Star Wars: The Blueprints gives voice to the groundbreaking and brilliant engineers, designers, and artists that have, in film after film, created the most imaginative and iconic locales in the history of cinema. Melding science and art, these drawings giving birth to fantastic new worlds, ships, and creatures.

Most importantly, Blueprints shows how in bringing this extraordinary epic to life, the world of special effects as we know it was born. For the first time, here you will see the initial concepts behind such iconic Star Wars scenes as the Rebel blockade runner hallways, the bridge of General Grievous's flagship, the interior of the fastest hunk of junk in the Galaxy, and Jabba the Hutt's palace. Never before seen craftsmanship and artistry is evident whether floating on the Death Star, escaping on a speeder bike, or exploring the Tatooine Homestead. 

Star Wars: The Blueprints is a limited edition. Only 5,000 hand-numbered English language copies will be available.

Star Wars: The Blueprints: 15.5" wide by 18.5" tall (39.4 cm wide by 47 cm tall, 336 pages, 10 gatefolds, more than 250 featured blueprints, more than 500 photographs and illustrations, hand-numbered title page, 22 pounds (10 kg) 

Cloth case: Custom-dyed cloth material case with debossed foil stamping detail on spine and cover, 19" wide by 2.625" deep by 22.125" tall (48.3 cm wide by 6.7 cm deep by 56.2 cm tall)

Certificate of Authenticity: Signed by Epic Ink President Andrew S. Mayer -- Epic Ink

I rarely feature a book that I haven't read here at Booking Mama. However, I had to make an exception for a new book called STAR WARS: THE BLUEPRINTS. As much as I would have loved to receive a review copy of this book, I can understand why I didn't. STAR WARS: THE BLUEPRINTS is a limited edition with only 5000 of these books being made. It also retails for around $500, so it's not exactly feasible for the publisher to provide review copies.

Despite not seeing the actual book, I do feel like I can speak to the absolute awesomeness of this book. I did receive a package with copies of the actual blueprints. My husband and son (who are both HUGE Star Wars fans) were positively gaga over them (although they wouldn't appreciate me using the term "gaga" to describe them!) My husband just had to show them to his co-worker (also another big Star Wars fan) and my son wants them framed for his room. These blueprints are rather impressive -- even to a "normal" Star Wars fan like me.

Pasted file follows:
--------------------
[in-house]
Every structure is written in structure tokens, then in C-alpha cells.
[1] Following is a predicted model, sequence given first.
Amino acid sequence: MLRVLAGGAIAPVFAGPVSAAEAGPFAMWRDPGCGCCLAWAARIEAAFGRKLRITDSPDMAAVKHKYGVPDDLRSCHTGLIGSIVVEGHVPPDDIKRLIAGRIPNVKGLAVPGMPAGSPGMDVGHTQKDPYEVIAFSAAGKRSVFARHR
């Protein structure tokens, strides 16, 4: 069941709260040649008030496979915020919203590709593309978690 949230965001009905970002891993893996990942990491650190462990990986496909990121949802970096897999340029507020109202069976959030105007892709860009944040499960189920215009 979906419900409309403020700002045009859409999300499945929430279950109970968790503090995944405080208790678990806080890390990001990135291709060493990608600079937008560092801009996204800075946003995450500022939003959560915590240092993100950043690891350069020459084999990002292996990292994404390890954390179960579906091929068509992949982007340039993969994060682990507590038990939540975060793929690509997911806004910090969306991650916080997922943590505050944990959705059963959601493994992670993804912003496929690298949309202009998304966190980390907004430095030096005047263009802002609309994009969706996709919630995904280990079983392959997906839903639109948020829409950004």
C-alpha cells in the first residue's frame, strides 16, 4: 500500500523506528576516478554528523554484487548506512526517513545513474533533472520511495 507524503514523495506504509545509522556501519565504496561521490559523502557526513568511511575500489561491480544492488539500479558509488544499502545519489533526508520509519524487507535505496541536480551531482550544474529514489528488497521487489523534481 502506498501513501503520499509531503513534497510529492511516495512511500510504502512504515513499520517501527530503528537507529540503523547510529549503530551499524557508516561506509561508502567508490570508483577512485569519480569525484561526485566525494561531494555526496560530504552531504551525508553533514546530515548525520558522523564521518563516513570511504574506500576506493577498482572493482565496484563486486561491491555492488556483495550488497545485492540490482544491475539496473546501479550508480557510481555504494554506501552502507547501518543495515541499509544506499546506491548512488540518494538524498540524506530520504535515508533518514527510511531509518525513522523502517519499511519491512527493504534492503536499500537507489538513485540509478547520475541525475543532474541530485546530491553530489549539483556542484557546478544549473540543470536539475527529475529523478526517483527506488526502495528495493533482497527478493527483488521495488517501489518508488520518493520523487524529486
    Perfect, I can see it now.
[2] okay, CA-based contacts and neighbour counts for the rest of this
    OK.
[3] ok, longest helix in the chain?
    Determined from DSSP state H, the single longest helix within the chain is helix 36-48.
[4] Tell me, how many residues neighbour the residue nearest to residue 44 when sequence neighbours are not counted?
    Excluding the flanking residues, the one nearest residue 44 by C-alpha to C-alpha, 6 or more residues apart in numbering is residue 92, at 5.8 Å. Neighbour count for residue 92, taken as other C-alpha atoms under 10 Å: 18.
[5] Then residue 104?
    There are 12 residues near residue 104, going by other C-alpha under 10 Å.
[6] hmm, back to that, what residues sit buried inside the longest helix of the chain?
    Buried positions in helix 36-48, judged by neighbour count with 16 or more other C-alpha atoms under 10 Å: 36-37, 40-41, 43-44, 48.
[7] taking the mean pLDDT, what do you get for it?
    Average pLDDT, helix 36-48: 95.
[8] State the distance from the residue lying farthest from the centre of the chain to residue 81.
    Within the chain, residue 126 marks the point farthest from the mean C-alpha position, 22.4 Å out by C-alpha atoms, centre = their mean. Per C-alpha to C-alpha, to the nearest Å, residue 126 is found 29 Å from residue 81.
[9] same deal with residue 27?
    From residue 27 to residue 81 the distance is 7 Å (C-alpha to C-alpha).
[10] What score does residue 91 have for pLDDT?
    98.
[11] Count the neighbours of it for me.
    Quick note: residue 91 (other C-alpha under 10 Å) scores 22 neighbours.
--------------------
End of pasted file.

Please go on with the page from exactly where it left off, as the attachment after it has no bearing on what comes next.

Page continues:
Here's a list of some of the blueprints which appear in this 336 page book:
• The Millennium Falcon
• Droids, including R2-D2
• The Y-wing and the X-wing starfighters
• The Rebel Blockade Runner
• The Cantina
• The Death Star
• The Ewok forest, the battle of Hoth and much more!

STAR WARS: THE BLUEPRINTS is no ordinary coffee table book. It is a cloth covered volume which is housed in a cloth-lined clamshell case. In addition, there are more than 500 photos and illustrations and ten 45” x 18” gatefolds. Each copy is individually numbered and also comes with a certificate of authenticity. I'm sure this book would provide countless hours of entertainment and I can only imagine how exciting a book like this must be for a true Star Wars fan.

Just to give you more of an idea of STAR WARS: THE BLUEPRINTS, I want to share with you the book's trailer:

Although the $500 price is a bit steep for many of us, I do think true Star Wars Collectors will find that STAR WARS: THE BLUEPRINTS is well worth the cost. I just wish I had a spare $500 sitting around so I could treat my guys to this for Christmas!

Monday, November 14, 2011

Review: With a Name Like Love

Summary: When Ollie’s daddy, the Reverend Everlasting Love, pulls their travel trailer into Binder to lead a three-day revival, Ollie knows that this town will be like all the others they visit— it is exactly the kind of nothing Ollie has come to expect. But on their first day in town, Ollie meets Jimmy Koppel, whose mother is in jail for murdering his father. Jimmy insists that his mother is innocent, and Ollie believes him. Still, even if Ollie convinces her daddy to stay in town, how can two kids free a grown woman who has signed a confession?  Ollie’s longing for a friend and her daddy’s penchant for searching out lost souls prove to be a formidable force in this tiny town where everyone seems bent on judging and jailing without a trial. -- FSG

This isn't a typical Mystery Monday post. In fact, the book I'm about to review usually would appear as part of my Saturday Kid Konnection post because it's a middle grade novel. However, I chose to feature it today because the story actually contains a bit of a mystery. I thought it might be fun to do something a little different than my usual cozy or thriller, and WITH A NAME LIKE LOVE by Tess Hilmo is certainly a book worth talking about.